The Problem with Goodbyes

November 14, 2021

Bethany Howell (she/her/hers), Low Entropy Volunteer Writer


I have always had trouble letting go. For as long as I can remember, I have held onto the past far too tightly, distracting me from the present. Saying goodbye has been especially difficult for me: the finality of it was far too much for my naïve mind to take. Once someone was gone, there could be no more conversations, no more gentle touches, no more time spent in each other’s company. I can recall doing just about anything I could think of to be able to spend five more minutes with my best friend or one more night at summer camp. Yet, no matter how hard I fought, I would always end up having to say goodbye through tear-clouded eyes.


Leaving was tough, not only because the good times were over, but also because I knew they would always be held within my memory. I could replay the time I had over and over in my mind, yet I could never truly relive it. As time marches on, memory fades. What used to be recalled in vibrant colour dulls with each passing year. However, with this, the wounds left by those who had bid farewell began to heal. Scars remained, but the pain subsided.


As I grew, I began to accept the small losses, but I was still unable to shrug off the greater issues. I lost my closest friend nearly a year ago. She had chosen to become involved with situations that hurt her and left me when I could no longer support her. I wish I could say that I never blamed myself, but to do so would be a lie. I spent months gathering evidence for what I had done wrong – reversing time in my mind and replaying scenarios to figure out how to ‘fix it.’ There was, of course, no way to resolve this issue. My family and my partner assured me that I had done the best I could and that I held on longer than most friends would have, yet I still hung onto what had happened, never letting myself forget the small mistakes I had made.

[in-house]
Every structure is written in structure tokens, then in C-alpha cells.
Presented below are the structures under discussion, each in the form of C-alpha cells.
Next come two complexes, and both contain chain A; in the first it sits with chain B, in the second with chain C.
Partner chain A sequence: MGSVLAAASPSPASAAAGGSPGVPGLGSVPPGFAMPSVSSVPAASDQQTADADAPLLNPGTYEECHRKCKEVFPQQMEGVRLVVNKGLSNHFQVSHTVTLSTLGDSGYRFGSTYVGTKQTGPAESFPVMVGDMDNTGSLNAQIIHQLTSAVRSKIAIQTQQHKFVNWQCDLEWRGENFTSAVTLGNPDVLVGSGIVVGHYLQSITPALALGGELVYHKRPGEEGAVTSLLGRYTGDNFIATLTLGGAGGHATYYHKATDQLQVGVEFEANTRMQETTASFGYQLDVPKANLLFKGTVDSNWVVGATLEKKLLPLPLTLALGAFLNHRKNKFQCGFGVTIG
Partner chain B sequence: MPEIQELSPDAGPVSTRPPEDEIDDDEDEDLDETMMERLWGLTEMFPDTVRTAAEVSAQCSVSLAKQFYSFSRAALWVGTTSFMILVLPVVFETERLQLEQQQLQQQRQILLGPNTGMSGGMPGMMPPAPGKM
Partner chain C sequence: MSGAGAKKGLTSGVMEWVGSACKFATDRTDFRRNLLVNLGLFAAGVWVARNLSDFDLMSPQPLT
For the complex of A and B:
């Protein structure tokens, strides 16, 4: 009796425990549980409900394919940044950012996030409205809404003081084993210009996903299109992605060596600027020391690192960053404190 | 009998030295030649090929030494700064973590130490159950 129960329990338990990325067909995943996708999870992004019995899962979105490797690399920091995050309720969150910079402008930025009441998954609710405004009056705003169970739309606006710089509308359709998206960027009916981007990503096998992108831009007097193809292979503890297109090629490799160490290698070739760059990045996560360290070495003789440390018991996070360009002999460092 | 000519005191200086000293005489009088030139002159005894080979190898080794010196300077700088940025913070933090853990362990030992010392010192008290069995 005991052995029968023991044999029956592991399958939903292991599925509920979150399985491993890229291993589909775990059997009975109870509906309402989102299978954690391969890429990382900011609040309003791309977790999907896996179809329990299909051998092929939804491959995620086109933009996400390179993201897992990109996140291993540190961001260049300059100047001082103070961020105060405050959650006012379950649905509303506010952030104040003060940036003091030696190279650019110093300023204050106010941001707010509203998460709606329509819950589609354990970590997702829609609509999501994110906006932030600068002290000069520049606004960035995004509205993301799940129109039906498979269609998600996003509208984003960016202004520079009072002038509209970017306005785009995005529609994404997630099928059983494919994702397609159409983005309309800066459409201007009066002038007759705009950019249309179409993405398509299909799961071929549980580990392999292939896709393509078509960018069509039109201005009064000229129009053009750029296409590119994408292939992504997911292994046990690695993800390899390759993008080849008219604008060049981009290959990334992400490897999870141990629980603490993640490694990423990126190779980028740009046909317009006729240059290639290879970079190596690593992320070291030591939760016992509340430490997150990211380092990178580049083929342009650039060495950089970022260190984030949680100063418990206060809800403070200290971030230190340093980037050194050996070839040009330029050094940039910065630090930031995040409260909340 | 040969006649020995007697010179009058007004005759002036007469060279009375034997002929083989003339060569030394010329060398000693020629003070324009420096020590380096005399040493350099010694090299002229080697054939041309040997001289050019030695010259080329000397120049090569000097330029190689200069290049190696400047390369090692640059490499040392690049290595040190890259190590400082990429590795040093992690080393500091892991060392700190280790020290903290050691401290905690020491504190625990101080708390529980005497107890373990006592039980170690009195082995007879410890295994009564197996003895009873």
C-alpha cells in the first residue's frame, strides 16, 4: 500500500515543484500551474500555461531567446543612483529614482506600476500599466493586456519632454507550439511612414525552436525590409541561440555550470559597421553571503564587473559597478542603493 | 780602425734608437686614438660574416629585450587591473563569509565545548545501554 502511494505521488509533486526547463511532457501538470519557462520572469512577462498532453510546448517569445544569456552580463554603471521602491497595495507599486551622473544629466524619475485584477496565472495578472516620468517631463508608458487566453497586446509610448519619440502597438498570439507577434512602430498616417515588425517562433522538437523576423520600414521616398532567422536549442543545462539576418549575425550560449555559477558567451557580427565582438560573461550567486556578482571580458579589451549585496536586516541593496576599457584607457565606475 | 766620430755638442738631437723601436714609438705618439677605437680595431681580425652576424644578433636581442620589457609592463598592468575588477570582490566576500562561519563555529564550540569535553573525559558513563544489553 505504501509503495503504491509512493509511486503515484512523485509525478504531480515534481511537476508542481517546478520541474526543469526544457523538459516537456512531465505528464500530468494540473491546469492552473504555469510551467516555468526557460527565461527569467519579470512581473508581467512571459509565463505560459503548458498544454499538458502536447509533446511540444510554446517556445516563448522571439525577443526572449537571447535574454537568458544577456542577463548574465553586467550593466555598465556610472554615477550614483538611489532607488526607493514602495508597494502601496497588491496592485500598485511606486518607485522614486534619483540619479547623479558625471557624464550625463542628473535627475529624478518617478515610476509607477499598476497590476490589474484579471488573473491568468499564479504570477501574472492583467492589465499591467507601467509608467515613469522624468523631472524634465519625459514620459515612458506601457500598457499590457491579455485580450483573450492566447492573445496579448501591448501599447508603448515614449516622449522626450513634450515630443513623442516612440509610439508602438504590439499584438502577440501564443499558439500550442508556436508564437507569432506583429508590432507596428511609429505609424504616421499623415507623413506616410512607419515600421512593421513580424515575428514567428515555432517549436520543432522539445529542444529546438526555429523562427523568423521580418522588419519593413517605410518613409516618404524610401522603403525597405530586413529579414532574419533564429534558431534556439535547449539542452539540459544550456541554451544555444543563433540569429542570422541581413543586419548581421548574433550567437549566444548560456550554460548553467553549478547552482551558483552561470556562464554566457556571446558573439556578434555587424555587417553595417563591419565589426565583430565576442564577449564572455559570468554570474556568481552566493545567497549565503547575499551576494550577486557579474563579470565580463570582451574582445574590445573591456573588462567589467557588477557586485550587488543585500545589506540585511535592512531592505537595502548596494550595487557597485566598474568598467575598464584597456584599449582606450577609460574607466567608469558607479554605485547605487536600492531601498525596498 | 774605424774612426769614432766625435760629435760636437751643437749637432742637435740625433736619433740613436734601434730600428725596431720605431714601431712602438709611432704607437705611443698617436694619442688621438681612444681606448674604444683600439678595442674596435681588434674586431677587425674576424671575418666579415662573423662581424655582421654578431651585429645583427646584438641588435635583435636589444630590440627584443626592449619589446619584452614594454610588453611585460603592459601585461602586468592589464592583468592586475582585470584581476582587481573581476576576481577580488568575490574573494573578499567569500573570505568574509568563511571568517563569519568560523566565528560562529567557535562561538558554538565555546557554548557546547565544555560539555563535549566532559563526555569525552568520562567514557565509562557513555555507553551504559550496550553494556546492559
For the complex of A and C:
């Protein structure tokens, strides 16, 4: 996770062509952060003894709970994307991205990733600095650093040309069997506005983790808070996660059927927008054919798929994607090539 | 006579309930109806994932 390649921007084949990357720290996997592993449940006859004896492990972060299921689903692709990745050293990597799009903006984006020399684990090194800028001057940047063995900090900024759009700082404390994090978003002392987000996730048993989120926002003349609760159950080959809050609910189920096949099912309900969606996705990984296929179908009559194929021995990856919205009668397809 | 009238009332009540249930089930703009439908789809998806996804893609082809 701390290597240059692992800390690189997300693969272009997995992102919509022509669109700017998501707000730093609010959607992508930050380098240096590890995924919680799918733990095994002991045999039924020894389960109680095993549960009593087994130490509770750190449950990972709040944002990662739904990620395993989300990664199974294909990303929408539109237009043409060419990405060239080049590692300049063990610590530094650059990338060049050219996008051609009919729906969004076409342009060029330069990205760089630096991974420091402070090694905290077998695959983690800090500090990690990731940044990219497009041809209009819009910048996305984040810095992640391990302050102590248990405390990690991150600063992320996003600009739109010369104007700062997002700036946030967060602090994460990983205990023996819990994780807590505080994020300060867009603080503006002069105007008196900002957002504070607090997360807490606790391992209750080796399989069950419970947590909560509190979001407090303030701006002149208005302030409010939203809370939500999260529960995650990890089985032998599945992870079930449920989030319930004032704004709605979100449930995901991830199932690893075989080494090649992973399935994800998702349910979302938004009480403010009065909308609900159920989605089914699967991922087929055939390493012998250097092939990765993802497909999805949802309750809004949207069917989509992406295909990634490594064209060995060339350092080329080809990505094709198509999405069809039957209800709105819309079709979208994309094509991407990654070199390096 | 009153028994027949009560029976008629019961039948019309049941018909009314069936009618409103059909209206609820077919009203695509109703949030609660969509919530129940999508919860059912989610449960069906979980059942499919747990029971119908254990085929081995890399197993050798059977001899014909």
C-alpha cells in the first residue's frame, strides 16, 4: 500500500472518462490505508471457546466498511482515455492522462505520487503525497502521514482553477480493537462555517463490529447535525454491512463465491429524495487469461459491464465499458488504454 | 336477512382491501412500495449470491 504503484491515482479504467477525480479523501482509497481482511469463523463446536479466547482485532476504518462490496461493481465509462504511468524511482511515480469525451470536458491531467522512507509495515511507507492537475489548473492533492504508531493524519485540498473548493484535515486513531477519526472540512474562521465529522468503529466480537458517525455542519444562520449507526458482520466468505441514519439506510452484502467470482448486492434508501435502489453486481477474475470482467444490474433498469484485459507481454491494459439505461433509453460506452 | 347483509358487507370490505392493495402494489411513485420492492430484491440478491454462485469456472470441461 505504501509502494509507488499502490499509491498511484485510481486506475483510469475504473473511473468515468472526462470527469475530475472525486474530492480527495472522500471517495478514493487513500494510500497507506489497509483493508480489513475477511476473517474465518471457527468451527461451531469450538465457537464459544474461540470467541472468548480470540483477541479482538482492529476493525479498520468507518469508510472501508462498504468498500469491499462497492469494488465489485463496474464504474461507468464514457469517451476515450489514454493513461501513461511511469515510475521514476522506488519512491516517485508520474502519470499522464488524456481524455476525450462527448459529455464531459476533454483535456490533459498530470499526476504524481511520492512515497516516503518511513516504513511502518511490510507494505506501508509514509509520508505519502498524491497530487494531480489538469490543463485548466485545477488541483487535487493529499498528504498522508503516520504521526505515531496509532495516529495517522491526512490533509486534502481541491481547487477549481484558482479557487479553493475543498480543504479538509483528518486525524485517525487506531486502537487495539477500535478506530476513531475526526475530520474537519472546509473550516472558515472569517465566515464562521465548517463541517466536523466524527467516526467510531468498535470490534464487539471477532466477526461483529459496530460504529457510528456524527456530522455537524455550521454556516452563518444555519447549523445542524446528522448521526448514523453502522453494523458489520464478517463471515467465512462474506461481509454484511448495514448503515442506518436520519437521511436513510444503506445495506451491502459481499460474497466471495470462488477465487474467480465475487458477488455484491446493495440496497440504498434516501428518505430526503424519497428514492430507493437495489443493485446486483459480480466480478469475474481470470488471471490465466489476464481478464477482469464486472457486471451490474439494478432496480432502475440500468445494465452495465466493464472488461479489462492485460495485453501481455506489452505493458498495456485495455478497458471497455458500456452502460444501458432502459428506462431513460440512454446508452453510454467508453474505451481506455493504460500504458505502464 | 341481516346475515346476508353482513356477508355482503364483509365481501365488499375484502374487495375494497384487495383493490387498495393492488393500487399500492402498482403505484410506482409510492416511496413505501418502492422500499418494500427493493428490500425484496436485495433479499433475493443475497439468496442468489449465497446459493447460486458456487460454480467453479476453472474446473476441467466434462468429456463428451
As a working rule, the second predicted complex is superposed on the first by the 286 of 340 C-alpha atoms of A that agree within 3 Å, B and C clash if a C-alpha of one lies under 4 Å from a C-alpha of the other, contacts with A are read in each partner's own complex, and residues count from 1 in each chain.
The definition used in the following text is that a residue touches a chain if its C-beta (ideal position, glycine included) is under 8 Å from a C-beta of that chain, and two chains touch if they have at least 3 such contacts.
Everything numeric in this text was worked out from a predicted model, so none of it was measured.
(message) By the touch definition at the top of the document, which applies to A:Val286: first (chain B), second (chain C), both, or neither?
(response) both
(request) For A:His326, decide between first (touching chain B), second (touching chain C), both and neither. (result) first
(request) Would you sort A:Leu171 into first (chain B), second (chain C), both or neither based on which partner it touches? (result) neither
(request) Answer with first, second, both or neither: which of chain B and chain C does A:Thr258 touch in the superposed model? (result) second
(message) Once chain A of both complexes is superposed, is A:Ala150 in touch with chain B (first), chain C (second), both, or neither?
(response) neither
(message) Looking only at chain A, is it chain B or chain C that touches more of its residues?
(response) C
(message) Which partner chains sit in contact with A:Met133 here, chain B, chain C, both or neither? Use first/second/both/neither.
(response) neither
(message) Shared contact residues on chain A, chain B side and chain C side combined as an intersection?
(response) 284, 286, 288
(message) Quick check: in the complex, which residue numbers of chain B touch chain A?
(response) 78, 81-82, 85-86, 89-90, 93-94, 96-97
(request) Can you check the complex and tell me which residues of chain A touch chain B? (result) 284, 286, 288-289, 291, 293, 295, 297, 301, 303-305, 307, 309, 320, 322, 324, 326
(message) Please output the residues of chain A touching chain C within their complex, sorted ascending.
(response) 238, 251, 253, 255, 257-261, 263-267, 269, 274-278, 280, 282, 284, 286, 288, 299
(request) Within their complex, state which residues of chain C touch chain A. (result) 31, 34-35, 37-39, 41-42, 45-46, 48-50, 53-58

I realize now that it was never really saying goodbye that I had an issue with, nor was it losing those close to me. The hardest part was what was left after the fact. The hardest part was knowing that it will never really be over and that the goodbye was not the grand finale I had hoped for.


Love haunts us. It leaves remnants of itself on everything it touches. I know now that certain books, films, even clothes still bear the name of those who have already said their goodbyes. I cannot help but be reminded of those who have hurt me and those who had to leave far too soon, but I can choose to not let it affect me negatively. Life will always be filled with memories, both good and bad. It is a curse, yes, but it is also one of the greatest parts of living. Without the bad memories, how could we learn? Without the good, for what would we be living?


To truly live in the present, one has to let go of the past. That does not mean totally forgetting what has occurred, but instead remembering and accepting it. Memories may have the power to overtake us, but we also have the power to use them. I am still working towards accepting what happened between myself and my friend; however, I am no longer ashamed of what I did. Though it is a small step, I am proud of myself for trying to improve. 


Life can be difficult to navigate, especially when you are carrying years of baggage, but there is always hope and I am choosing to focus on the good. I do not plan on dropping all the weight of what has occurred, but I do try to lighten the load day by day. After all, acceptance is a process, not a sudden state of being. Though I am no expert on this topic by any means, I can honestly recommend acceptance of the past and focus on the present to anyone struggling with letting go.



My name is Bethany Howell and I am a third-year university student majoring in psychology and minoring in family and child studies. I have a passion for writing and mental health and my ultimate goal since age 13 has been to make a difference in the world through helping others, which is how I ended up here at Low Entropy!

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